New York, NY — The Independent Democratic Conference (IDC) relaunched a comprehensive campaign finance and ethics package today, calling for the legislature to pass their groundbreaking 2013 and 2015 proposals for reform.
Over the past three years, the IDC has led the way in proposing campaign finance and ethics reform. In 2013, they introduced the “Integrity in Elections Act,” which created a new system for campaign contributions. Earlier this year, the IDC proposed a ban on outside income, with IDC Leader Jeff Klein leading by example and forgoing outside work.
“I led the way by example by divesting from my law firm and calling for a ban on outside income. I once again call on my colleagues in the legislature to pass the Independent Democratic Conference’s comprehensive campaign finance and ethics reform package. As one of my colleagues in the legislature noted, this is starting to feel like ‘Groundhog Day,’ as the IDC re-introduces legislation year after year. Now, more than ever, it is imperative that we work to rebuild the public’s trust in its government. We need significant campaign finance reform, and a ban outside income for legislators. Every day of inaction brings us one step further from the strong, transparent government that New York deserves - we must immediately act to pass these measures,” said IDC Leader Jeff Klein (D-Bronx, Westchester).
Modeled after the federal campaign system, the “Integrity in Elections Act” focuses on reforming the campaign contribution system by capping individual donations, banning corporate contributions, including LLC donations, creating a New York State Business Contract Database, opening cross-party candidate endorsements, and banning fund transfers between political party committees and candidate committees.
“In 2013, I worked with my fellow IDC members to propose extensive legislation establishing limits on individual campaign donations and a ban on corporate contributions, among other pieces. Earlier this year, I was proud to stand with Senator Klein and support the call for a ban on outside income, which would bring with it a number of other income reforms. Action on these issues is long-overdue, and it is high time that the legislature accept what the IDC already knows - we need these reforms immediately, so that we can start rebuilding public trust immediately,” said Senator Diane Savino (D-Staten Island, Brooklyn).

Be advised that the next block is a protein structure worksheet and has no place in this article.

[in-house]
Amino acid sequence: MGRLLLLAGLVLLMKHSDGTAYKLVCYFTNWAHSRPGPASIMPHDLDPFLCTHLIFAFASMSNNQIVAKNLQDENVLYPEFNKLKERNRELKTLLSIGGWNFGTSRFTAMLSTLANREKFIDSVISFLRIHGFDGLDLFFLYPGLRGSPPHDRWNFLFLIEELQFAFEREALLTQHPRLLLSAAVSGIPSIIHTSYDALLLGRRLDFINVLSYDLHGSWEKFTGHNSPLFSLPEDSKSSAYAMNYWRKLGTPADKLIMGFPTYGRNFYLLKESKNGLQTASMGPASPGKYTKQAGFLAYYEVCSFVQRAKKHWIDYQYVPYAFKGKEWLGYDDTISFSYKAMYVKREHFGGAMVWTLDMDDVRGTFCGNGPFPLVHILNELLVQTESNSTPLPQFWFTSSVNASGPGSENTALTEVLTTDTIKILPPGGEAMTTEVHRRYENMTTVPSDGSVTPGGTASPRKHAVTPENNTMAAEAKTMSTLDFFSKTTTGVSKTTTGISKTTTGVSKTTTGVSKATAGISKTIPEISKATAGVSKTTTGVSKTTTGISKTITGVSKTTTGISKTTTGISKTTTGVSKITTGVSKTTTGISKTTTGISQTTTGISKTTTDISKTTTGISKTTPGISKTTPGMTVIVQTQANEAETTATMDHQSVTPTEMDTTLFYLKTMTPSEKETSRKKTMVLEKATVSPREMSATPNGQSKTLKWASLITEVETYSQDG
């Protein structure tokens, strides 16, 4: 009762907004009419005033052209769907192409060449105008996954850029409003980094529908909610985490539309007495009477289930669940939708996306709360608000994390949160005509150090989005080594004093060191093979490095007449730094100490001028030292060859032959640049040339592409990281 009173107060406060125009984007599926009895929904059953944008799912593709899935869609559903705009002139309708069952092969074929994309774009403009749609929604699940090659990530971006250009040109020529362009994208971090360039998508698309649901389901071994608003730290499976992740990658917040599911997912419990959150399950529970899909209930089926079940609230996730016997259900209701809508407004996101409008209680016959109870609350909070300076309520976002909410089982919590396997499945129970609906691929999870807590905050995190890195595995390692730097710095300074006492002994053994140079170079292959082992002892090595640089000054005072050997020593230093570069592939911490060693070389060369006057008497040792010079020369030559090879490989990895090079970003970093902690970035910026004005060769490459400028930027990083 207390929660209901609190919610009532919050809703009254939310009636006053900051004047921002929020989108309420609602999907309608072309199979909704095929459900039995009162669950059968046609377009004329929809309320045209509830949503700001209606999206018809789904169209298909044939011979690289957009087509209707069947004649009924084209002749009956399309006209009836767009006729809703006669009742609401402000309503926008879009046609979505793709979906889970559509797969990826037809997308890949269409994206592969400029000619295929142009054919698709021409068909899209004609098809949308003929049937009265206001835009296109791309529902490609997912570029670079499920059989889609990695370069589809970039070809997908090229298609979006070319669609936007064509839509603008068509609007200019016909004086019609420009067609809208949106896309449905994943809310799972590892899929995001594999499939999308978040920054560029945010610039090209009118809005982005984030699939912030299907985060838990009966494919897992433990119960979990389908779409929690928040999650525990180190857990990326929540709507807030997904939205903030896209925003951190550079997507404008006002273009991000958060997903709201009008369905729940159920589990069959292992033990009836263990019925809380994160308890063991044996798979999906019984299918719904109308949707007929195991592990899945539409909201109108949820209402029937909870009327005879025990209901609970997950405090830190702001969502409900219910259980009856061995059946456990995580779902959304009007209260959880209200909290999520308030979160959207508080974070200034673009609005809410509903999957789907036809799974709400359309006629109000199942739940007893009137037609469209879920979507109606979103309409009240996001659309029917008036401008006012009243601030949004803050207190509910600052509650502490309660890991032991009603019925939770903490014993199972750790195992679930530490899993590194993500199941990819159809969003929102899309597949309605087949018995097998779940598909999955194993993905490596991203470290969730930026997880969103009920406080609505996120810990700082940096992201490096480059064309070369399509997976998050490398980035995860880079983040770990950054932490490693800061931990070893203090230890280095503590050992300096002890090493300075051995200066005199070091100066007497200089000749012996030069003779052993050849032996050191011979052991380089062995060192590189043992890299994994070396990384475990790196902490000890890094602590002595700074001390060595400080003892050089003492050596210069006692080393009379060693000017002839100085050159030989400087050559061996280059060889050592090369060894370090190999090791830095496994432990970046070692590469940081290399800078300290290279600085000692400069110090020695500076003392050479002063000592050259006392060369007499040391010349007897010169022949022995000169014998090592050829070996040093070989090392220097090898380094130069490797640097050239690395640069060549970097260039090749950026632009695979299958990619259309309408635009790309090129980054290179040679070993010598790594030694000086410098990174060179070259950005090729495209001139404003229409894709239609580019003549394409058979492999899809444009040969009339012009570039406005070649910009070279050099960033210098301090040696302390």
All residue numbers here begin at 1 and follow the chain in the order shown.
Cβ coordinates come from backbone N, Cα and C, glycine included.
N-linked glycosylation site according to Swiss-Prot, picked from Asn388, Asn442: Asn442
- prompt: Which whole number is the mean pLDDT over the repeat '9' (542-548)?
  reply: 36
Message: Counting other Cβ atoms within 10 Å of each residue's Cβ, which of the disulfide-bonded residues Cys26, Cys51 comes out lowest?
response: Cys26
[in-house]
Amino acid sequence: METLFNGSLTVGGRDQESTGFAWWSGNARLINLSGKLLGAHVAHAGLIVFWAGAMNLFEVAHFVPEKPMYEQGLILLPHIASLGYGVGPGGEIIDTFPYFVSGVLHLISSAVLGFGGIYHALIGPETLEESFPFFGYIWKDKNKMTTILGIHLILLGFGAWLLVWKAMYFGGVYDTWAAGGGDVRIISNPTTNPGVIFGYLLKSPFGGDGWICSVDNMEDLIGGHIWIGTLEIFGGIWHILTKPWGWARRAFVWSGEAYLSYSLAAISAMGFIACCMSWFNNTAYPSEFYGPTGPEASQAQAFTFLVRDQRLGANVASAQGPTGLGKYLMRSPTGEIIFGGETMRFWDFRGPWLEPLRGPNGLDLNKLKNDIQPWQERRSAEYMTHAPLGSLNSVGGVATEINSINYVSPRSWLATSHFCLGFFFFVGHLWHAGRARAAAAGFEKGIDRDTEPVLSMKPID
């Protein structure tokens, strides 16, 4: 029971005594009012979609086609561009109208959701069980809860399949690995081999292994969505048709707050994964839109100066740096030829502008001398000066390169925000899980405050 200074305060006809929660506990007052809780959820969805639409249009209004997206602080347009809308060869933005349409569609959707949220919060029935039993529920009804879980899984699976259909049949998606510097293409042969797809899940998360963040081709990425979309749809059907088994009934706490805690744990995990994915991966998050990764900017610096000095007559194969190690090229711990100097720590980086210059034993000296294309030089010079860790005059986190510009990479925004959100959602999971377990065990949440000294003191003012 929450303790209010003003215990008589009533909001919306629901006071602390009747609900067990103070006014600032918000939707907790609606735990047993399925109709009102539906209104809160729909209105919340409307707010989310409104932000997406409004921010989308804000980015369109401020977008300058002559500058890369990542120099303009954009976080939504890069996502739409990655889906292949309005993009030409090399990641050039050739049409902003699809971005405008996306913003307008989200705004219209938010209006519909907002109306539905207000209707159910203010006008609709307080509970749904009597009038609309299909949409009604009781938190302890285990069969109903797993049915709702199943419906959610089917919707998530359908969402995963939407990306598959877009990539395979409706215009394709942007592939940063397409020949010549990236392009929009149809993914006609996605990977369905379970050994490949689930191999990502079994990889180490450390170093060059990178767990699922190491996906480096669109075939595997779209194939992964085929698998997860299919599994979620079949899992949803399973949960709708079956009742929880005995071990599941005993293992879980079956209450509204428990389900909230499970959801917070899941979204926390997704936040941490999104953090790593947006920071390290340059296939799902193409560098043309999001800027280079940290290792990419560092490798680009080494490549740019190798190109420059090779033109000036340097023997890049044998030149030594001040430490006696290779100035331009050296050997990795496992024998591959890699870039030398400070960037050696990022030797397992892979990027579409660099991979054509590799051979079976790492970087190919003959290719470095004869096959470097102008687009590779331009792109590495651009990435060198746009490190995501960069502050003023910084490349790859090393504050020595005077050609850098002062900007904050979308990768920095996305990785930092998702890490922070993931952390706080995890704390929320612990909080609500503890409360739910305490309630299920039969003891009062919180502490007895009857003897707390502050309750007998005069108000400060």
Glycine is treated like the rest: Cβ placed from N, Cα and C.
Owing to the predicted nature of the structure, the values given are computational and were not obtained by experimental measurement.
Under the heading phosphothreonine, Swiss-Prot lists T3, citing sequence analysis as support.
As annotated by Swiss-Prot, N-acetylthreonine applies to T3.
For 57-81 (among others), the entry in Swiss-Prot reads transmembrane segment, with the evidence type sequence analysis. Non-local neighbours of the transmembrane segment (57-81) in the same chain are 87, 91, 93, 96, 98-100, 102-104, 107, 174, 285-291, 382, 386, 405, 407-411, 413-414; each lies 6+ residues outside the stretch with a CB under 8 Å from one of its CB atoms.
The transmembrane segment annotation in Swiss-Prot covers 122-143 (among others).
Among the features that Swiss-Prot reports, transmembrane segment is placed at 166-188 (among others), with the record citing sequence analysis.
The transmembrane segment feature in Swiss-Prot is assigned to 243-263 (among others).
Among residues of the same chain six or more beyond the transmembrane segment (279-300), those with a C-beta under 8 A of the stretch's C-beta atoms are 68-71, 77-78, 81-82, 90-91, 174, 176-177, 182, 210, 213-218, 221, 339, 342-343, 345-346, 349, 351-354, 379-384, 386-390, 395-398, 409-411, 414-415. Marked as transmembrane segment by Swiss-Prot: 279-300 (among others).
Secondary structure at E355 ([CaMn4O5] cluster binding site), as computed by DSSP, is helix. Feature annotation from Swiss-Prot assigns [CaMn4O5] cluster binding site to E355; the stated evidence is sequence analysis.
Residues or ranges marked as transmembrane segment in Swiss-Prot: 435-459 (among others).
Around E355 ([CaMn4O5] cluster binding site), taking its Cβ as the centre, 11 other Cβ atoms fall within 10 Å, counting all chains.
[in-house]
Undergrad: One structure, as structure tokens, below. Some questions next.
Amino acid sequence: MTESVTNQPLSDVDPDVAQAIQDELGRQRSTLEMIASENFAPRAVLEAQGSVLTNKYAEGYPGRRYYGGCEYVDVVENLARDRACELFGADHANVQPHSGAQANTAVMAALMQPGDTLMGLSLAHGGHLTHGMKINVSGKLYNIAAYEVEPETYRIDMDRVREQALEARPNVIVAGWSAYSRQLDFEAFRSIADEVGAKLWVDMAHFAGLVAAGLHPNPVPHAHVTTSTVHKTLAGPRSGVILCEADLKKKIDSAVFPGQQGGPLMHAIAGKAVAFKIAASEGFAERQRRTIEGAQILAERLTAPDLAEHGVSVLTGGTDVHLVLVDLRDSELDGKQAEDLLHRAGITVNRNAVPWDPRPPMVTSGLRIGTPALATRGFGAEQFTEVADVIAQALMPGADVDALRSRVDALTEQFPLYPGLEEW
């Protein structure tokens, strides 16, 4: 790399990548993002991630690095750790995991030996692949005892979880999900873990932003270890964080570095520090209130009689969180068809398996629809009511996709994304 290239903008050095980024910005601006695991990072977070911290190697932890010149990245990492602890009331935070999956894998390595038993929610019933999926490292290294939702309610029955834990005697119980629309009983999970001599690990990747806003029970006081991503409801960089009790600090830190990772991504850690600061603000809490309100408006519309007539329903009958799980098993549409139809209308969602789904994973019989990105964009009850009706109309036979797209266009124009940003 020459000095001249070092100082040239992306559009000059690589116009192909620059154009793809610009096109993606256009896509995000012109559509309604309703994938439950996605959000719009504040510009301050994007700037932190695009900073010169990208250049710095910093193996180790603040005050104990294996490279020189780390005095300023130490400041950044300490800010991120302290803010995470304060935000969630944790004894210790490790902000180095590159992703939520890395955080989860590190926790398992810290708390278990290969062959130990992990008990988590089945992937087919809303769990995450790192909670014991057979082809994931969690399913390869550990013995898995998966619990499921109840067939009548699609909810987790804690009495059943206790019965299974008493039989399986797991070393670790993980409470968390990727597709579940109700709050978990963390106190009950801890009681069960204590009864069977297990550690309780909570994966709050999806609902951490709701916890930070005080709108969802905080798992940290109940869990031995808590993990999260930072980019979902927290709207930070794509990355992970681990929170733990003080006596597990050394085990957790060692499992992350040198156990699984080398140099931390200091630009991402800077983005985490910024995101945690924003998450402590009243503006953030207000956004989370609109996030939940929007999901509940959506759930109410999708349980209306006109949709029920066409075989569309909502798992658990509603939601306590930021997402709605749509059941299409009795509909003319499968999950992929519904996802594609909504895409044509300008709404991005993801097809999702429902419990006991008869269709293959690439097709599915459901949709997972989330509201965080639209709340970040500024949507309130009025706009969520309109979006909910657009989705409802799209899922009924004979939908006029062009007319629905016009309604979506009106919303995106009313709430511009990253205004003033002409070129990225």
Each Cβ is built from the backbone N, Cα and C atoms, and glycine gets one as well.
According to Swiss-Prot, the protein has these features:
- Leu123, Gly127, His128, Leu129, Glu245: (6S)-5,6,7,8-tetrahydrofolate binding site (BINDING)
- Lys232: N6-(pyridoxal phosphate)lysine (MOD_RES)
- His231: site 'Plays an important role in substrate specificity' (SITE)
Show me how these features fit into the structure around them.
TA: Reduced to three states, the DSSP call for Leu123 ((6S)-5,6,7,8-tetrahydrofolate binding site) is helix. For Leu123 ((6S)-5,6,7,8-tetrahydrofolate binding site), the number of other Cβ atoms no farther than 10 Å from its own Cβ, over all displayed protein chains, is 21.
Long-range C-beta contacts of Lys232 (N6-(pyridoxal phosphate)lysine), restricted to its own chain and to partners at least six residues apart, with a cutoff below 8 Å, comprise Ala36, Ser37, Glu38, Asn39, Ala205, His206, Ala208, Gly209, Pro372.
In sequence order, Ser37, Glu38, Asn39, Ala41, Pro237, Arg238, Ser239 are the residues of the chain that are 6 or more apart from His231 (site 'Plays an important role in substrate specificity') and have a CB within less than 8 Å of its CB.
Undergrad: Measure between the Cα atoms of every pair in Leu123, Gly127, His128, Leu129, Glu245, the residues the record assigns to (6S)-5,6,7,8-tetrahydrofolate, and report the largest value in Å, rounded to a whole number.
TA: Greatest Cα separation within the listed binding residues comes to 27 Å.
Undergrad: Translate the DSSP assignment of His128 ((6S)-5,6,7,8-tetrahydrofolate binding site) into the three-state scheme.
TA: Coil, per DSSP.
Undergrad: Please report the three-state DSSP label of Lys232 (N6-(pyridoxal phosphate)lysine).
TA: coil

"We need to change the status quo of how Albany functions. New Yorkers deserve representatives who tirelessly advocate for their needs, not the needs of special interest groups and those who use money to influence the political process for their own benefit. Joining my fellow members of the Independent Democratic Conference, I urge my colleagues in the legislature enact a ban on outside income and other commonsense reforms this upcoming session. Reforming the New York State Legislature will not be easy; however, it must be done to win back the public’s trust," said Senator David Carlucci (D-Rockland/Westchester)
“As we head into the next legislative session, the public needs to know that it can trust its elected officials, now more than ever. That is why I, along with my fellow IDC members, have worked to rebuild the public trust by proposing campaign finance and ethics reforms. As we started in 2013, with the “Integrity in Elections Act”, and have continued since with our proposed ban on outside income, I look forward to continuing to work with my conference members and the rest of my colleagues in the legislature, to finally pass what our state has needed for so long,” said Senator David Valesky (D-Oneida).
In addition to the “Integrity in Elections Act”, earlier this year, the IDC pioneered a proposal to ban outside income, in addition to a number of other income and financial interest reforms. The bill would prohibit all outside earned income, create a blind trust for legislators’ assets in order to sidestep any conflict of interest based on financial interests, and close the financial disclosure loophole by requiring legislators to file an annual statement for any full or partial calendar year that a legislator served, allowing the public to review financial information for a legislator’s final year in office.